Fruit 360 is a dataset with 90380 images of 131 fruits and vegetables (https://www.kaggle.com/moltean/fruits). Images are 100 pixel by 100 pixel and are color (RGB) images (Hence, 3 values for each pixel). There are 67,692 images in the training dataset and 22,688 images in the test dataset. The dataset we use for this tutorial is a subset of fruit 360 dataset, containing only 10 fruits/vegetables (Strawberry, Apple_Red_Delicious, Pepper_Green, Corn, Banana, Tomato_1, Potato_White, Pineapple, Orange, and Peach). We selected a subset of fruits/vegetables, so the dataset size is smaller and the neural network can be trained faster. Our training dataset has 5,015 images and our testing dataset has 1,679 images.

The utilities used to create the subset dataset, along with step by step instructions, can be found here: https://github.com/kxk302/fruit_dataset_utilities. First, we created feature vectors for each image. Images are 100 pixel by 100 pixel and are color (RGB) images (3 values for each pixel). Hence, each image can be represented by 30,000 values (100 X 100 X 3). Second, we selected a subset of 10 fruit/vegetable images. Training and testing dataset sizes go from 7 GB and 2.5 GB for 131 fruits/vegetables to 500 MB and 177 MB for 10 fruits/vegetables, respectively. Third, we created separate files for feature vectors and labels. Finally, we mapped the labels for the 10 selected fruits/vegetables to a range of 0 to 9. Full dataset labels are in the 0 to 130 range, as the full dataset includes 131 fruits/vegetables. The 10 labels for out dataset are as follows: Strawberry:0, Apple_Red_Delicious:1, Pepper_Green:2, Corn:3, Banana:4, Tomato_1:5, Potato_White:6, Pineapple:7, Orange:8, Peach:9.

Get data

hands_on Hands-on: Data upload

  1. Make sure you have an empty analysis history.

    Tip: Creating a new history

    Click the new-history icon at the top of the history panel.

    If the new-history is missing:

    1. Click on the galaxy-gear icon (History options) on the top of the history panel
    2. Select the option Create New from the menu
  2. Rename your history to make it easy to recognize

    tip Rename a history

    • Click on the title of the history (by default the title is Unnamed history)

      Renaming history.

    • Type Galaxy Introduction as the name
    • Press Enter
  3. Import the files from Zenodo

    https://zenodo.org/record/5702887/files/train_X_10.tsv
    https://zenodo.org/record/5702887/files/train_y_10.tsv
    https://zenodo.org/record/5702887/files/test_X_10.tsv
    https://zenodo.org/record/5702887/files/test_y_10.tsv
    
    • Copy the link location
    • Open the Galaxy Upload Manager (galaxy-upload on the top-right of the tool panel)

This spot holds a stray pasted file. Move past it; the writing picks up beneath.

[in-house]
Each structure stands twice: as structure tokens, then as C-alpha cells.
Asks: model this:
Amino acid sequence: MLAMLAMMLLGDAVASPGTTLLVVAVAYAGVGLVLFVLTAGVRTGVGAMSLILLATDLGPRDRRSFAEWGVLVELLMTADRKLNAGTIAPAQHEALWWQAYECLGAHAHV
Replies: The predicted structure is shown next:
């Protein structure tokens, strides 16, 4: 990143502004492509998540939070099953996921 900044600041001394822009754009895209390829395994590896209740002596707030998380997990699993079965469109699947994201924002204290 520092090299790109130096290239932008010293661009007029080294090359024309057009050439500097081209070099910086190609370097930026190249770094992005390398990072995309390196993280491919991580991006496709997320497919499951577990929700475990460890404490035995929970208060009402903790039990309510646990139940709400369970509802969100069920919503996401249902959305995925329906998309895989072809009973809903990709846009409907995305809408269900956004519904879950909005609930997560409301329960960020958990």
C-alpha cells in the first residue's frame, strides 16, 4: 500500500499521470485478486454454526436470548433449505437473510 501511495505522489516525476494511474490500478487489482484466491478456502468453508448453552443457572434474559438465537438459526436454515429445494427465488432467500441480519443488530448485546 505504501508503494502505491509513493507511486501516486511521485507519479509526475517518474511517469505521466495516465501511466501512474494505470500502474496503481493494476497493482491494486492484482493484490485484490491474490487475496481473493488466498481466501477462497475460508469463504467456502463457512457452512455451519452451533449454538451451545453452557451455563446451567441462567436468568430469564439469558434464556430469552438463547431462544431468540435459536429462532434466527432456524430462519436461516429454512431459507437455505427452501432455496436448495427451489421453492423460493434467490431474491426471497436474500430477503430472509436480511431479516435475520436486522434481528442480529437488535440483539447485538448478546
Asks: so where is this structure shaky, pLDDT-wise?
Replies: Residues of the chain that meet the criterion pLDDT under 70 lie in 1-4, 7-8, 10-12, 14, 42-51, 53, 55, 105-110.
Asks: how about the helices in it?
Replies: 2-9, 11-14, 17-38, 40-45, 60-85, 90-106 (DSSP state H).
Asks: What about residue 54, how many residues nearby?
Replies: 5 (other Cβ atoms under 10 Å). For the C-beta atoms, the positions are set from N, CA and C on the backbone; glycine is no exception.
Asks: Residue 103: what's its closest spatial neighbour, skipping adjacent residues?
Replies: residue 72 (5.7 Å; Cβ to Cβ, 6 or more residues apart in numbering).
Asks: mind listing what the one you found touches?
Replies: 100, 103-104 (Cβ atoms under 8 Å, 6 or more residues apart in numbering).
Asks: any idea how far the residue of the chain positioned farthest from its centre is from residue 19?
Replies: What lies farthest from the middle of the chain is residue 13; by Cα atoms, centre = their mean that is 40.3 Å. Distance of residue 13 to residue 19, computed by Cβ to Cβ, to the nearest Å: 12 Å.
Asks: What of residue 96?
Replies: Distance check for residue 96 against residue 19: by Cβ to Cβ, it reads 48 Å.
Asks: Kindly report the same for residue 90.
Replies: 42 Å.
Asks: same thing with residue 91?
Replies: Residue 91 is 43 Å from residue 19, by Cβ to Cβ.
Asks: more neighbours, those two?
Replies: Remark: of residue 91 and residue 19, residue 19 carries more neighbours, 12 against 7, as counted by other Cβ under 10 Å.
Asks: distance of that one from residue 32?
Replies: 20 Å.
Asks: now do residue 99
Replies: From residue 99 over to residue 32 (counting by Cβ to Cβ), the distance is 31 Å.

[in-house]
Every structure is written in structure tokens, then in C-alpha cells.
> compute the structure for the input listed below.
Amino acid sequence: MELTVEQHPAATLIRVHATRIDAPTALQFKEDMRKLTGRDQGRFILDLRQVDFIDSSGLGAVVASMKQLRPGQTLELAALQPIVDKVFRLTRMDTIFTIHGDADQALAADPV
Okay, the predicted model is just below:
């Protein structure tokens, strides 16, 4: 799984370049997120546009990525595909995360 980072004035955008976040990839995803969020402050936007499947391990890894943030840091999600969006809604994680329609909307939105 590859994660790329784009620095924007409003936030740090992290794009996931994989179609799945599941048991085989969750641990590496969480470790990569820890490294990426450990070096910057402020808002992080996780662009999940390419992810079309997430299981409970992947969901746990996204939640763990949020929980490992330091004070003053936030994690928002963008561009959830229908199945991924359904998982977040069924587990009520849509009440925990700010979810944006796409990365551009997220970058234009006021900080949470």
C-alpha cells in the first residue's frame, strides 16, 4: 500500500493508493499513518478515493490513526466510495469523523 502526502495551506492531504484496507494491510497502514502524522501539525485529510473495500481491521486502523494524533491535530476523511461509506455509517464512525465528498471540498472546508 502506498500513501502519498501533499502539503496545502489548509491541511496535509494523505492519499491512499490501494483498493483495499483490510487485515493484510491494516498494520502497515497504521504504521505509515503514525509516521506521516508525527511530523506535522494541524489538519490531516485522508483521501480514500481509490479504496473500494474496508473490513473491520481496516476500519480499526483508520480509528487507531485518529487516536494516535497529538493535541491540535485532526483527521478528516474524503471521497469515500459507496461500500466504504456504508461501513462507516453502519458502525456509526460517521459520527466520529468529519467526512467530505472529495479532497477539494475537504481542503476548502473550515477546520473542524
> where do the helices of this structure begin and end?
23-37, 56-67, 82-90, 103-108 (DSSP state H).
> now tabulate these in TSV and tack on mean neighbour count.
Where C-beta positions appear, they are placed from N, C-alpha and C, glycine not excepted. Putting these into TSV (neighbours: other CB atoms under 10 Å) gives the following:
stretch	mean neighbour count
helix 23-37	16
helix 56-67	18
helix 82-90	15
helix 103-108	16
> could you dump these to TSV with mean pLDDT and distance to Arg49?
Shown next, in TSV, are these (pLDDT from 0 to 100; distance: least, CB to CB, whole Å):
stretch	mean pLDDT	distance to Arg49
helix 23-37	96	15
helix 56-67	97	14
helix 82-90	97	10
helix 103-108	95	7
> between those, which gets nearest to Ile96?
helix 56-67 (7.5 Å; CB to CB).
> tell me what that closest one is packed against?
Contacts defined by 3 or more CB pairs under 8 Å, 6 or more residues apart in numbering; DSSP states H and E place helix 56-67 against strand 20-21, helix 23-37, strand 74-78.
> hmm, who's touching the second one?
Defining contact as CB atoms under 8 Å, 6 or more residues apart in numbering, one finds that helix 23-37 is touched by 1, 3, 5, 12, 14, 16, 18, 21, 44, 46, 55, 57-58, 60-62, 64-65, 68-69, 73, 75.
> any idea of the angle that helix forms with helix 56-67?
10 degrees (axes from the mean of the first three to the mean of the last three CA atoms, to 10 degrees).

• Select Paste/Fetch Data
    • Paste the link into the text field

    • Press Start

    • Close the window

    • By default, Galaxy uses the URL as the name, so rename the files with a more useful name.
  4. Rename the datasets as train_X_10, train_y_10, test_X_10, and test_y_10 respectively.

    Tip: Renaming a dataset

    • Click on the galaxy-pencil pencil icon for the dataset to edit its attributes
    • In the central panel, change the Name field
    • Click the Save button
  5. Check that the datatype of all the three datasets is tabular.

    Tip: Changing the datatype

    • Click on the galaxy-pencil pencil icon for the dataset to edit its attributes
    • In the central panel, click on the galaxy-chart-select-data Datatypes tab on the top
    • Select datatypes
    • Click the Save button

Classification of fruit 360 dataset images with CNN

In this section, we define a CNN and train it using fruit 360 dataset training data. The goal is to learn a model such that given an image of a fruit/vegetable, we can predict what fruit/vegetable it is (Labels are in the range of 0 to 9). We then evaluate the trained CNN on the test dataset and plot the confusion matrix.

In order to train the CNN, we must have the One-Hot Encoding (OHE) representation of the training labels. This is needed to calculate the categorical cross entropy loss function. OHE encodes labels as a one-hot numeric array, where only one element is 1 and the rest are 0’s. For example, if we had 3 fruits (apple, orange, banana) and their labels were 1, 2, and 3, the OHE represntation of apple would be (1,0,0), the OHE representation of orange would be (0,1,0), and the OHE representation of banana would be (0,0,1). For apple with label 1, the first element of array is 1 (and the rest are 0’s); For Orange with label 2, the second element of the array is 1 (and the rest are 0’s); And for Banana with label 3, the third element of the array is 1 (and the rest are 0’s). We have 10 fruits/vegetables in our dataset and we would just have an array of size 10, where only one element is 1, corresponding to fruit/vegetable label, and the rest are 0’s.

In order to calculate the OHE of labels, we must first extract the labels column from train_y_10 file. train_y_10 file has 3 columns: Label_name (string representation of label), file_name (name of fruit/vegetable image file), and Label (integer representation of label). We extract Label from train_y_10, and then calcuate its OHE representation.

Extract the Label column from train_y_10

hands_on Hands-on: Advanced Cut